Standing out spectacularly from the regular clouds and drawing the attention of the crowds is a very curious exhibition called the Pixel Cloud. Created and designed by the talented (and award-winning) architect and artist Marcos Zotes — the Pixel Cloud installation has been illuminating Austurvöllur Square in the heart of Reykjavik as part of the Winter Lights Festival 2013 since the opening event on Thursday evening.
The Pixel Cloud (as you can see in the photos) is essentially a three-dimensional construction of scaffolding dressed in a semi-transparent fabric acting as a screen to capture a projection of remarkable digital images, which are also motion-activated. Now I could easily go and Google the true meaning of this extraordinary piece, but where’s the fun in that? The whole point of art is to be multi-dimensional in meaning right? So in my humble attempt at analysis, I think that apart from it being an extreme make-over of the functional and unattractive qualities of everyday scaffolding — so commonplace in our growing cities — with a title like “Pixel Cloud” it’s possibly also a beautiful, but sad, reflection of the impact of modern technology on nature — or perhaps I’ve just been reading too much about geo-engineering.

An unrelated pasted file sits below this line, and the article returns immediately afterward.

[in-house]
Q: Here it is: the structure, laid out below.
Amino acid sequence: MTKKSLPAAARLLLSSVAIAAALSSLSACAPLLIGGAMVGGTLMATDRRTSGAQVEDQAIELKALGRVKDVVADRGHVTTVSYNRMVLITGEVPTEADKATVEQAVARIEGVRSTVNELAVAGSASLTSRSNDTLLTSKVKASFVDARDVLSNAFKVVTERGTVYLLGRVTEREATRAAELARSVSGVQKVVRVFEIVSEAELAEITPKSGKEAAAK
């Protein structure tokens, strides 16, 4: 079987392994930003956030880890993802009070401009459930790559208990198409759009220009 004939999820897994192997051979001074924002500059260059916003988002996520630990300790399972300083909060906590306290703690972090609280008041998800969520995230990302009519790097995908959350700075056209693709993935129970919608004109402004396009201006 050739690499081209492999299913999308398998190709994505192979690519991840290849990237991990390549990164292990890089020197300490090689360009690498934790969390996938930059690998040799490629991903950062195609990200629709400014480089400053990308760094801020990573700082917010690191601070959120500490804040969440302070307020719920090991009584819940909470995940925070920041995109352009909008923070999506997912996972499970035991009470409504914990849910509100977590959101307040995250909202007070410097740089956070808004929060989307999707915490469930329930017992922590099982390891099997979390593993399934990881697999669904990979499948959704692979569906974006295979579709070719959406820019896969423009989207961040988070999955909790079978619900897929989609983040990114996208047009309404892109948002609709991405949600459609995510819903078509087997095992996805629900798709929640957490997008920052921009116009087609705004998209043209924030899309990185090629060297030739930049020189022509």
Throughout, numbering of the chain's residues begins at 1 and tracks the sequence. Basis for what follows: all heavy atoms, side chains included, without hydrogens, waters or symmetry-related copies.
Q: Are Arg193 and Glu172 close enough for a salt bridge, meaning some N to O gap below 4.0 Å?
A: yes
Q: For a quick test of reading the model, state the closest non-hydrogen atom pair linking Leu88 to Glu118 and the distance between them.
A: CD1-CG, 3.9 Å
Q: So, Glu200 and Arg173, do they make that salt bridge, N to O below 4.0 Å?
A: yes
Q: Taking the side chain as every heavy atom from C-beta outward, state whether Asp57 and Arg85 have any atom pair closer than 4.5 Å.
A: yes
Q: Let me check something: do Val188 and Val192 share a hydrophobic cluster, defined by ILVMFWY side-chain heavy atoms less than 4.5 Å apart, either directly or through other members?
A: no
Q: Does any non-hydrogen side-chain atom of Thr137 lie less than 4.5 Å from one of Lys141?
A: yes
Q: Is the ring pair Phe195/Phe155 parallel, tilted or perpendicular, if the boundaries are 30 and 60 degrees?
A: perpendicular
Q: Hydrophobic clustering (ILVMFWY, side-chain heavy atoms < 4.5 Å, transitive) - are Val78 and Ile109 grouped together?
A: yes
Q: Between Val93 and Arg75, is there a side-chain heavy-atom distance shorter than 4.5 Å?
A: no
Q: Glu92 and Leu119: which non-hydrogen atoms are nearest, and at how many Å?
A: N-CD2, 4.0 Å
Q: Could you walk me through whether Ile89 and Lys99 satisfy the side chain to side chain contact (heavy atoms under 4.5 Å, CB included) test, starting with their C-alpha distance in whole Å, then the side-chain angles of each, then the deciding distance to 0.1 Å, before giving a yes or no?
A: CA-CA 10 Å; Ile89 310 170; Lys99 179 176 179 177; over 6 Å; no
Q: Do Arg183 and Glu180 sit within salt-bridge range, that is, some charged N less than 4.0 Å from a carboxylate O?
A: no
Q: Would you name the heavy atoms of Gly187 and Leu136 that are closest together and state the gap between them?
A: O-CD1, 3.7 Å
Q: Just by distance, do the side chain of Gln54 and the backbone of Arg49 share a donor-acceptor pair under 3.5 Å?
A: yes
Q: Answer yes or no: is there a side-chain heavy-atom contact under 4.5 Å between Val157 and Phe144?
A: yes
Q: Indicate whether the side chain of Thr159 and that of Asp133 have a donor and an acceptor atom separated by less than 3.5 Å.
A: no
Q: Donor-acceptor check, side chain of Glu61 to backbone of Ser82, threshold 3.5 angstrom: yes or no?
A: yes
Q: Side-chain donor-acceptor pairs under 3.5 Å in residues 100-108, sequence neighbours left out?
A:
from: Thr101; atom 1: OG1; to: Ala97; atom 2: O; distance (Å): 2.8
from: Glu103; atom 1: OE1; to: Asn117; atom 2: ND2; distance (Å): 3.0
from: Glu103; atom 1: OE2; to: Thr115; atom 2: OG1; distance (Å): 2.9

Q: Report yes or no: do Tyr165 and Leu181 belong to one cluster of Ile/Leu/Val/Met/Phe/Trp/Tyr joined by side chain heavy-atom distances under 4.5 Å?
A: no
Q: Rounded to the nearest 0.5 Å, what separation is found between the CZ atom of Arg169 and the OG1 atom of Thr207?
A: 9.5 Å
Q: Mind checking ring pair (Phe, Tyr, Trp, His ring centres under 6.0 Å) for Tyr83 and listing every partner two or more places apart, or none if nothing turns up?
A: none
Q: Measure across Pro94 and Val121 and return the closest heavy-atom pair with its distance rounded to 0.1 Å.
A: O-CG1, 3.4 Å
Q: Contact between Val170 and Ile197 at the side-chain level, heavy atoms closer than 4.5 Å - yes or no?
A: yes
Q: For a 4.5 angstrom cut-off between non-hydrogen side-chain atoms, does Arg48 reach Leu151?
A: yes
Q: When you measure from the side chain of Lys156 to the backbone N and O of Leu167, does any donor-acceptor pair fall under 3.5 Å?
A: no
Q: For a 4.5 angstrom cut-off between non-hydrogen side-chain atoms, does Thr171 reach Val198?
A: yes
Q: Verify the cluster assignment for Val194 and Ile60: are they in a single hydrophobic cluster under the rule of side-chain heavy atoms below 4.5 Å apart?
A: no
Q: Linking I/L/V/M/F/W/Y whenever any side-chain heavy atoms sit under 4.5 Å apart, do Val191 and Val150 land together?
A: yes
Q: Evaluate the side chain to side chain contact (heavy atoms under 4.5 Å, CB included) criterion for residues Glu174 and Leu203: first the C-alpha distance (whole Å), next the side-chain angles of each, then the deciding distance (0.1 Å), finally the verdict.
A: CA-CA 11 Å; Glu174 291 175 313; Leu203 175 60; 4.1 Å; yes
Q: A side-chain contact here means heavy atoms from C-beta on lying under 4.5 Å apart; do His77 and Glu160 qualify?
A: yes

I could have (alternatively) gotten the answer straight from Mr. Zotes himself, since he’s been directing every show since it opened, but instead of asking him what it’s all about, I asked him what his favourite thing is about Iceland, to which his adorable reply was, “my wife!” Apart from his wife, he also has a soft spot for the “warm and friendly” people of Iceland. I can’t argue with that.